Several industries were affected by the iPhone's phenomenal success, not just music. For starters, it revolutionized the mobile business, both from the perspective of hardware manufacturing (touch screen interface, etc.) but more importantly the way content is acquired through them. The App Store model took mobile operators largely out of the content retailing equation, allowing developers, service providers and content owners to reach mobile consumers directly.
It also had a profound impact on the digital music business by essentially mobilizing any service that could create an app. Before the iPhone, custom internet radio, subscription music, and music-ID companies, among others, had yet to find their legs and their lack of mobility inhibited their ability to grow. To take mind-share away from established players like commercial radio and TV, make accessing music as compelling as owning it, and ultimately, let users identify songs while they're out, these services needed a connected device that enabled users to take their services on-the-go.
And the iPhone turned out to be exactly that: the platform that freed web-based music services from the chains of the computer and let them enter the real world. Due to the frenzy surrounding the device and the subsequent app downloading craze, mobile usage of Pandora, Slacker, Rhapsody and Shazam skyrocketed, bringing users a renewed enthusiasm for music.
Once mobile, Pandora and Slacker allowed listeners to take the customized stations they made online and take them places they had not been experienced before. For many initial users, this may have been the first-time they had ever heard a radio station, tailored to match their taste, that they could give feedback to-in terms of "Thumbs Up" and "Thumbs Down"-in real-time.
The effortless nature of Pandora and Slacker, coupled with the music discovery opportunities they provided, appealed greatly to listeners. While still a minor blip on the radar of radio giant Clear Channel, these services could now be used in the car through FM radio transmitters and, in some cases, a direct plug-in. The iPhone placed web and traditional radio head-to-head, in a face off that continues today. Without it, Pandora and Slacker may not have become household names and many listeners would've never felt the pleasure of personalized music recommendations.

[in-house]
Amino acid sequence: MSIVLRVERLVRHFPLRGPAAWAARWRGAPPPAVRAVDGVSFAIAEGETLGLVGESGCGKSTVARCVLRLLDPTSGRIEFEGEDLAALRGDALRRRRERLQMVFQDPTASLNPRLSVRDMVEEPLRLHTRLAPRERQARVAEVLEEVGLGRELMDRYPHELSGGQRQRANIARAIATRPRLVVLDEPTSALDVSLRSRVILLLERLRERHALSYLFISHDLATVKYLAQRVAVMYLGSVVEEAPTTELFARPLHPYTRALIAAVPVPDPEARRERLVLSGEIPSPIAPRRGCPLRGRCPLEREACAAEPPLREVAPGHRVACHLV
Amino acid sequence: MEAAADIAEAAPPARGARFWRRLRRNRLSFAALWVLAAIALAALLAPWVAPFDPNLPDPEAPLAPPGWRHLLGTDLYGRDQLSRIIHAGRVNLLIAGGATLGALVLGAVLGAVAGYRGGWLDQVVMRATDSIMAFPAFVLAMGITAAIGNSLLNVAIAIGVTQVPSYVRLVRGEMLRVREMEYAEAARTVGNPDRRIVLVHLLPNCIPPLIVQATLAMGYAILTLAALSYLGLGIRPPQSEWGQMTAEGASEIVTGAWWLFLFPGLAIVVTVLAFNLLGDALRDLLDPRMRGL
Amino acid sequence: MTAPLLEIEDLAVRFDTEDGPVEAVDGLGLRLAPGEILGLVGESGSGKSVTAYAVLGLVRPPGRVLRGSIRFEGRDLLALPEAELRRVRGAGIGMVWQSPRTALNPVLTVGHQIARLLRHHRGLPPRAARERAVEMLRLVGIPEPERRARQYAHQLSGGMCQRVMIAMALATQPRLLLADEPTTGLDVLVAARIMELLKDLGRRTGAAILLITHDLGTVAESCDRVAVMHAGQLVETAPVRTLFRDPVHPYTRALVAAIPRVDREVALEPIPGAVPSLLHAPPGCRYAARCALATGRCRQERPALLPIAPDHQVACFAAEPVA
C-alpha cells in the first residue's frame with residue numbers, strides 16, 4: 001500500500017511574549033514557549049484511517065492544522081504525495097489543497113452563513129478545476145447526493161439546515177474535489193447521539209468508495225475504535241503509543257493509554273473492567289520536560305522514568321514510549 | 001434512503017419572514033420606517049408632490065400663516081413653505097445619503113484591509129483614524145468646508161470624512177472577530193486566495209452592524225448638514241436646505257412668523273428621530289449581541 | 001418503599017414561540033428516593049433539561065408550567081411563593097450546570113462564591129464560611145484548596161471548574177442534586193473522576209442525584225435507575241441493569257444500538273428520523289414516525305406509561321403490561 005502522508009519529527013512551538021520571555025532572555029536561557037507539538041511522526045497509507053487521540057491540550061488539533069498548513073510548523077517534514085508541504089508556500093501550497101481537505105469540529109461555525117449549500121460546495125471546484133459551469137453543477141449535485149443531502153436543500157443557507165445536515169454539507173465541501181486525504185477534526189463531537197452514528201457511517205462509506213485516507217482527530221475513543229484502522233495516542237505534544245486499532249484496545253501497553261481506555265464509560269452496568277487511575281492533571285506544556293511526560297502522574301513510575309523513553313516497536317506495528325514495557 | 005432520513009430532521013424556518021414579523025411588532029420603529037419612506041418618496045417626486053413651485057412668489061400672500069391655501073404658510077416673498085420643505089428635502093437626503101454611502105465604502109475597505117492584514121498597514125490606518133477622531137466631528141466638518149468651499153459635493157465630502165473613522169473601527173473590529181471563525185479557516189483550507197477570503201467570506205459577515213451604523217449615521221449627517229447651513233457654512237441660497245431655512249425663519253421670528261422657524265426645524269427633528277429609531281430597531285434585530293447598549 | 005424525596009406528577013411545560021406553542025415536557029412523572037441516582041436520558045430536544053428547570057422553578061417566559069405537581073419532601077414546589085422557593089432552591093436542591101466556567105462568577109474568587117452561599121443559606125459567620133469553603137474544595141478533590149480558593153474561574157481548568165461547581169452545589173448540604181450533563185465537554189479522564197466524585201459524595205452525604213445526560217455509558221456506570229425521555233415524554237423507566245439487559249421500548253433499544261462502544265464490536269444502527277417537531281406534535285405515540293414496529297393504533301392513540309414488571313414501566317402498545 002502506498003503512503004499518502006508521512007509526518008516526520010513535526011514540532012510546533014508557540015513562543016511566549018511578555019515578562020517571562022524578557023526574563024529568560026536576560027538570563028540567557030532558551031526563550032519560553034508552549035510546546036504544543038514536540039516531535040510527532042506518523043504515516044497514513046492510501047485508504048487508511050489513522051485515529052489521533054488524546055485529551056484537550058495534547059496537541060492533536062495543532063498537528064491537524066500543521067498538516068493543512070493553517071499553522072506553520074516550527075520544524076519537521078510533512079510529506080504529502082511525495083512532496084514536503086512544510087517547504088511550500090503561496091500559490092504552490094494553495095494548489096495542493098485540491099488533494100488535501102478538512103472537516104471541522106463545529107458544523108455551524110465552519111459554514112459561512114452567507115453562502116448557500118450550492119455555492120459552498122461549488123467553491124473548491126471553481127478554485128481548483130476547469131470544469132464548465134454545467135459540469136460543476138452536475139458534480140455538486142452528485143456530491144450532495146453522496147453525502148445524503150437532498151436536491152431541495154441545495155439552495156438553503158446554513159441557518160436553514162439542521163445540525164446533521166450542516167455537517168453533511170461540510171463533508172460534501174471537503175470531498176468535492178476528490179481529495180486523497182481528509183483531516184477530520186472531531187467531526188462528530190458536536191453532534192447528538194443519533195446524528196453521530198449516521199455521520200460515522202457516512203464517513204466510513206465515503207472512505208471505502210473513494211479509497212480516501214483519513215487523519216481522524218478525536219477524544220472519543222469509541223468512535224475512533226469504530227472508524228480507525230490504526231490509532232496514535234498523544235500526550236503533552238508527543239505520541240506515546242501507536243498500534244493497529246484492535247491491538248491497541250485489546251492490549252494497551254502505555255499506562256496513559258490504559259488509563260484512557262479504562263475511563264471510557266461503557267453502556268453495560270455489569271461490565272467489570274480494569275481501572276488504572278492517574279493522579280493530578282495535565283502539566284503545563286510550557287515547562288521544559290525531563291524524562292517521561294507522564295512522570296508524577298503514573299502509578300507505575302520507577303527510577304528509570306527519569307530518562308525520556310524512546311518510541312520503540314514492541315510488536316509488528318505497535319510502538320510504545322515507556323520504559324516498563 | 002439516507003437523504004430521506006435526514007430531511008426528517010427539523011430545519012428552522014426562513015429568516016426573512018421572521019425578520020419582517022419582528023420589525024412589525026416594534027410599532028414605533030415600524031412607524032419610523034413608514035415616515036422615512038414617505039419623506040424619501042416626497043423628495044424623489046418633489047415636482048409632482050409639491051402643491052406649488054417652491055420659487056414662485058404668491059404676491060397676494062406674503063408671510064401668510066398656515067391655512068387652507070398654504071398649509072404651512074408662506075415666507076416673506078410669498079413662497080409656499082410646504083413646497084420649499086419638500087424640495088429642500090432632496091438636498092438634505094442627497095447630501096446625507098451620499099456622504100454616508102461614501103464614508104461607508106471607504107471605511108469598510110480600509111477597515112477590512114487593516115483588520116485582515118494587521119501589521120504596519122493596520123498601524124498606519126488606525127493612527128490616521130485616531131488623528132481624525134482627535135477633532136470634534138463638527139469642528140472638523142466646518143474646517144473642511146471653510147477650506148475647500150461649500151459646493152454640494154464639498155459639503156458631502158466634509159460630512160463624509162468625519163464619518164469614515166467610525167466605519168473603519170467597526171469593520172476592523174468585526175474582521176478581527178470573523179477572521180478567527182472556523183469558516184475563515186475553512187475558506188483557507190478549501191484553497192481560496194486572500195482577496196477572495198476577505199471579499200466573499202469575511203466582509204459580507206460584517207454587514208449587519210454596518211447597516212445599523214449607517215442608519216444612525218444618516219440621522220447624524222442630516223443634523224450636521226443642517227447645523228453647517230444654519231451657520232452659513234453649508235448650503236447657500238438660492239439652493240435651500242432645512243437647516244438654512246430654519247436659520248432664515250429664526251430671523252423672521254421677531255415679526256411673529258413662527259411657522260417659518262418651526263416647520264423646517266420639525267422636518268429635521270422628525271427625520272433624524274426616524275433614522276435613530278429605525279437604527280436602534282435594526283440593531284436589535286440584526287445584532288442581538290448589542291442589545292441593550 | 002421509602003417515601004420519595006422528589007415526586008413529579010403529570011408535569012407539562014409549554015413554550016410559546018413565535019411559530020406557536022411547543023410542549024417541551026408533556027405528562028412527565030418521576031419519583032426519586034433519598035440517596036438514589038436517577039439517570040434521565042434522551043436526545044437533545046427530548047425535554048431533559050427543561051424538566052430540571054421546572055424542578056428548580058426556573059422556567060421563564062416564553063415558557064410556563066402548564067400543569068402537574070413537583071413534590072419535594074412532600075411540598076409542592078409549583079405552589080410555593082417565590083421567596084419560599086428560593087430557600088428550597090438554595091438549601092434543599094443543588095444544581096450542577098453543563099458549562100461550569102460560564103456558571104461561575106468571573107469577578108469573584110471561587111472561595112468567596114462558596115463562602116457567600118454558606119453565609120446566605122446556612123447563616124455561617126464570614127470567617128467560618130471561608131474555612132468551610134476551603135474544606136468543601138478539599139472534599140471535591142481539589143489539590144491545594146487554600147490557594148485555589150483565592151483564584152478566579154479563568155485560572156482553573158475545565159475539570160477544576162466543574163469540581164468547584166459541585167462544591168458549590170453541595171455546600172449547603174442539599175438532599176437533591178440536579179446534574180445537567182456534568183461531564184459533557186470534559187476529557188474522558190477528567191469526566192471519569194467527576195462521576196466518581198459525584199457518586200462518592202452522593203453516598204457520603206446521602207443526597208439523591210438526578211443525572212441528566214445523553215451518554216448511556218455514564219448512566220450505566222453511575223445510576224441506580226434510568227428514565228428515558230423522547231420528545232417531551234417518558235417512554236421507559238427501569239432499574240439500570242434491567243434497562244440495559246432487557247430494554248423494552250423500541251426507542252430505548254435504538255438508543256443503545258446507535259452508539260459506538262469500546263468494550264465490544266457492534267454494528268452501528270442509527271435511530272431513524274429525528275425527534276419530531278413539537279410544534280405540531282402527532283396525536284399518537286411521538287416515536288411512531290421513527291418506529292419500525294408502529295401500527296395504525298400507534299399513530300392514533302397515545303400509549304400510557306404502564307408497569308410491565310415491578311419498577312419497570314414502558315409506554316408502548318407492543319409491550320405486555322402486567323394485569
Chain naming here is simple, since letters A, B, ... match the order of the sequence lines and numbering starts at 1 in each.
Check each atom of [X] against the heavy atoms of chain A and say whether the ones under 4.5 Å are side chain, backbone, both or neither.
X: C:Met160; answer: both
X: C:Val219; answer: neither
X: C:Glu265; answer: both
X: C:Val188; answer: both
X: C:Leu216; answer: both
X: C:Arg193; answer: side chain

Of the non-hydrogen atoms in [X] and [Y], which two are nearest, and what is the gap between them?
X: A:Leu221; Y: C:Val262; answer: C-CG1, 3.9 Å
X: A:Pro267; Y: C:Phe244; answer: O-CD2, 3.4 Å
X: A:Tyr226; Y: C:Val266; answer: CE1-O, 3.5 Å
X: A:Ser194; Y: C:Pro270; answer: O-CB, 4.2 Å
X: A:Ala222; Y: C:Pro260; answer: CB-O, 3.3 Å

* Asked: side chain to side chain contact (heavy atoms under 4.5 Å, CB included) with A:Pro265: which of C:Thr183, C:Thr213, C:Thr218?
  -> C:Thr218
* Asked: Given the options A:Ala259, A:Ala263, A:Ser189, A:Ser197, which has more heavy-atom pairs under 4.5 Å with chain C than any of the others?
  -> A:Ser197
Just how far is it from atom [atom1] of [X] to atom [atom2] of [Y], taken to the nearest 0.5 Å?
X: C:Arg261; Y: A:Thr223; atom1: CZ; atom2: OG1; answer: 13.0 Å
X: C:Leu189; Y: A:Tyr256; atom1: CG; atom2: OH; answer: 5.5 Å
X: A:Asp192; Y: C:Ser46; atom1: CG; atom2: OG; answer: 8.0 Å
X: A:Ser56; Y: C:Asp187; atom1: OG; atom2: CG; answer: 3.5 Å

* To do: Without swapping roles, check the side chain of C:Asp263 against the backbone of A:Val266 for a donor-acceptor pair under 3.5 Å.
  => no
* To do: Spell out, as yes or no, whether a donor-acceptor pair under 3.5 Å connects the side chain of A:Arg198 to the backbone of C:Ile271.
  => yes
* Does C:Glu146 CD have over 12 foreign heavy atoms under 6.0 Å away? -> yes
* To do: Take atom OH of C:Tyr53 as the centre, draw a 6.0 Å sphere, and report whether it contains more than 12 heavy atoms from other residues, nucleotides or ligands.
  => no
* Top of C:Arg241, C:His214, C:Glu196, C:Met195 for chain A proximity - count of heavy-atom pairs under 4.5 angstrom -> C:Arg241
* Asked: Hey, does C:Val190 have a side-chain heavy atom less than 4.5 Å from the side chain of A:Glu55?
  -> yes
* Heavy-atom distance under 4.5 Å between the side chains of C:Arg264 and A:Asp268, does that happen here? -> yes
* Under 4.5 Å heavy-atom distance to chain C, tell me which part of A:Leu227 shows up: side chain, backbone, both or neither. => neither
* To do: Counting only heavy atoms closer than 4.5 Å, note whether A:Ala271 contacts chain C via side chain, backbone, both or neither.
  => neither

The long view of Steve Jobs' legacy depends on how Apple's newer innovations fare in the long term. It's fair to say that the iPad has both defined and dominated the tablet computer space. But it's not yet clear what impact tablets will have on the future of digital music. It could just be a bridge between the cloud and the in-home entertainment system. Or, it could become the album gatefold of the 21st century - time will tell.
There's also AppleTV. Today, that's just a device that connects television sets to the Internet and the internal home network to do things like stream movies from iTunes, music and engage in other media. Rumors have been swirling for months that Apple is working on an actual TV set of its own, one that would take all the functionality provided by the AppleTV bridge and add all manner of new features and capabilities. But so far we've not seen anything official.
And then there's iCloud--Apple's first foray into a streaming-like environment for music. Today, iCloud is simply a music locker that makes it easy to stream purchased music onto any Apple device. Tomorrow, it could evolve to a full-blown music subscription service, the kind Jobs consistently insisted music fans don't want.
Steve Jobs may be gone, but his shadow in which the music industry still lives remains in full force. To say the Steve Jobs era in digital music is over just because the man himself has passed on and a new CEO now runs the company is completely shortsighted. This will remain a business shaped by Jobs' vision, passion and talent for decades to come. How many more years is impossible to predict, just as was his unlikely ascension to the digital-music throne.
He will be missed. He will be remembered. But he will never be replaced, and he may never be equaled.